Integration is about input, not output.
O’Dwyer’s – July 7, 2017
By Karen Seamen
There are two reasons our PR practice won 17 awards in just about a month.
One is a different take on that vastly overused word, integration. The other is a laser focus on success – and a different take on what constitutes success.
Firms say they’re integrated but what does that really mean? They asked someone at a sister agency to review their work or their “output” and give advice. Or they’ve made sure their output works across channels.
At C-K, we’ve flipped it. Since PR is core to C-K, we know the key to integration isn’t just in the output, but the input. Traditional PR shops have been turned on their heads trying to figure out this model and they are scrambling to catch up. At C-K, we aren’t feeling those growing pains since integration is what we have practiced for 118 years.
PR is about harnessing data and using analytics, using media planning knowledge, search metrics, journey planning tools and the finesse of creative for storytelling. That’s the kind of input that makes all the difference.
The guardrails are off PR. There are no more swim lanes and limitations. PR has a seat at every table. PR is no longer a sidebar. And, PR thinking can come from other team members. So our PR ideas are infused and focused by multi-disciplinary data, and analytics.
That’s C-K’s integration.
Let’s talk about success. C-K doesn’t measure success by impressions or changes in perceptions. Positive feelings about a brand or likes just aren’t enough. They only have a peripheral impact on success. Our key PR metric for success is behavioral change that delivers trackable action.
Today, client margins are too thin and costs are too high to be satisfied with changes in consumer perceptions alone. It has to result in an action. Our PR practice is dedicated to delivering on that. Of course, perceptual metrics contribute, but in the end, we need to deliver an action.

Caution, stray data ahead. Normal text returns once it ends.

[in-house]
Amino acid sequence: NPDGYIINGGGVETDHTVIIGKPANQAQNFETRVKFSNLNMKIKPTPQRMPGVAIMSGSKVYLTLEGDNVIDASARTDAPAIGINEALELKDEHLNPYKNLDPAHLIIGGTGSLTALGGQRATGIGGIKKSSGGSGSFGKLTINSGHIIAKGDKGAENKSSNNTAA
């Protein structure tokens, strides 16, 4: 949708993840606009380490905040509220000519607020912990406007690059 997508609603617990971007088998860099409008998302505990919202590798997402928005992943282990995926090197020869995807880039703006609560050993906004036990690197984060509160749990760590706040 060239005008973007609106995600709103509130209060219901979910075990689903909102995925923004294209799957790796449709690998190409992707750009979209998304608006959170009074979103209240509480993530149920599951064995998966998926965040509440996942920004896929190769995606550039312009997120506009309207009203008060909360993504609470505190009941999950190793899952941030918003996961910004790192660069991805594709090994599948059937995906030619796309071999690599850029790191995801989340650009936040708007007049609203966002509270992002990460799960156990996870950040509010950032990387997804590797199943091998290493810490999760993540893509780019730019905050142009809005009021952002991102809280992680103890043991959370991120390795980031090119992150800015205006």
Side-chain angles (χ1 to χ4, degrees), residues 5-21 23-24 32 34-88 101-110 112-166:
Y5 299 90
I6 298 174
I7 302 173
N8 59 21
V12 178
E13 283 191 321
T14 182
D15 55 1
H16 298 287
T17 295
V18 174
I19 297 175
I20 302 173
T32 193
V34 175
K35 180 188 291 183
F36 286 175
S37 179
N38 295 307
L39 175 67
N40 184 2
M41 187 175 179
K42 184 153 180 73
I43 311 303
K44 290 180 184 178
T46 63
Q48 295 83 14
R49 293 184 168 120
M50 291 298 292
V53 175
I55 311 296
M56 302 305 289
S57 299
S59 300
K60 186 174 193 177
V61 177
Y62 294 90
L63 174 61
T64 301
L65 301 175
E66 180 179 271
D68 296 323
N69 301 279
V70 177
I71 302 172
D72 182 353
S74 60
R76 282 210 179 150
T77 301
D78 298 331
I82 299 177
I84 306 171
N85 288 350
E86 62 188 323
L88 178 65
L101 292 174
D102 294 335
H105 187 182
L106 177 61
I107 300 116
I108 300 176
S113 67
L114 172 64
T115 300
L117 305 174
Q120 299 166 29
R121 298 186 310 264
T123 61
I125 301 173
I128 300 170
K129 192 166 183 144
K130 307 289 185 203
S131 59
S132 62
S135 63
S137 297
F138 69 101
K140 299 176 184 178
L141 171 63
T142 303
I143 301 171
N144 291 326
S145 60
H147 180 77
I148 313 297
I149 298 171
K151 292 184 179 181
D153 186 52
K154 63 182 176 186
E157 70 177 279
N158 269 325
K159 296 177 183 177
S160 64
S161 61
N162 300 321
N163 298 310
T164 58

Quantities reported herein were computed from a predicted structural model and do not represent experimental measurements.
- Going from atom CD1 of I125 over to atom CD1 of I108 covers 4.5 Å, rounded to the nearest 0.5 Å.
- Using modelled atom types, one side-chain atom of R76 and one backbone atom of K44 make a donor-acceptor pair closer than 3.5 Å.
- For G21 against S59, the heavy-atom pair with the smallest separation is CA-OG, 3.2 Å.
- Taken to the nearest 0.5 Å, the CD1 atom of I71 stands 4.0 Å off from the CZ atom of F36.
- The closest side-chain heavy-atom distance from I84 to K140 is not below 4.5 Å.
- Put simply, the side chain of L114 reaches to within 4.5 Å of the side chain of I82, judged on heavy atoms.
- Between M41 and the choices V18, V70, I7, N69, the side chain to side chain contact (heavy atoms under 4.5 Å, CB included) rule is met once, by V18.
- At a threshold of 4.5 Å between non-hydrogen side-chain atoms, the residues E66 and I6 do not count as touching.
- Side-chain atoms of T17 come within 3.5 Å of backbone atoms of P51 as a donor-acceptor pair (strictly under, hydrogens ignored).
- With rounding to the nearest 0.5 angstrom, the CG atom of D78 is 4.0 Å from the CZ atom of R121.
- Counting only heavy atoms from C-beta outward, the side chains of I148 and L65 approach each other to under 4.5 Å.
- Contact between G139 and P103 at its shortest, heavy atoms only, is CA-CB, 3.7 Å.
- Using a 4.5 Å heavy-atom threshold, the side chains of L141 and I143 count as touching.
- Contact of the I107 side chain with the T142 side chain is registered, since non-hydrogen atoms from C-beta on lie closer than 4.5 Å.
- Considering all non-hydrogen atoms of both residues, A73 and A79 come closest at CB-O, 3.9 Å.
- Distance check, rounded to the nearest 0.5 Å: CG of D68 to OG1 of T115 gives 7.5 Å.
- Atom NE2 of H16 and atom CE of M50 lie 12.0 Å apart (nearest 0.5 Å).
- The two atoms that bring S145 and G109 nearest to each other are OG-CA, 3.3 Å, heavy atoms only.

And that actually goes back to input. To achieve behavioral change you need to have the data.
We recently had a celebratory breakfast for our award wins and created a list of people who were involved in making the wins possible. It included people from every department. That’s by design.
The “Big is Here” campaign for the Milwaukee Public Museum is an example of how design works for us. A PR staffer created the campaign idea (a “Jurassic Park”-style dinosaur attack on Milwaukee – minus the deaths). It was rolled out and developed by people from every part of the agency, who worked together in a war room to flesh out the campaign.
That may not sound revolutionary – but when you see a creative director suggesting media ideas for a “PR idea” or a group of writers poring over museum attendance data, it’s different from anywhere else. Plus we crushed cars and hatched a 12-foot egg. The campaign resulted in us doubling the museum’s net profit goal and membership sales.
It’s an exciting time to be in PR – the old rules don’t apply. PR is involved in everything with everyone. PR uses all the resources that are available and works as a broader team and drives quantifiable behavioral changes. In this economic environment, that’s what is required. When this is accomplished in scale, PR is an integral part of the marketing communication budget and often becomes the driver of all communication to follow.
That’s a big difference. And that’s C-K PR without guardrails.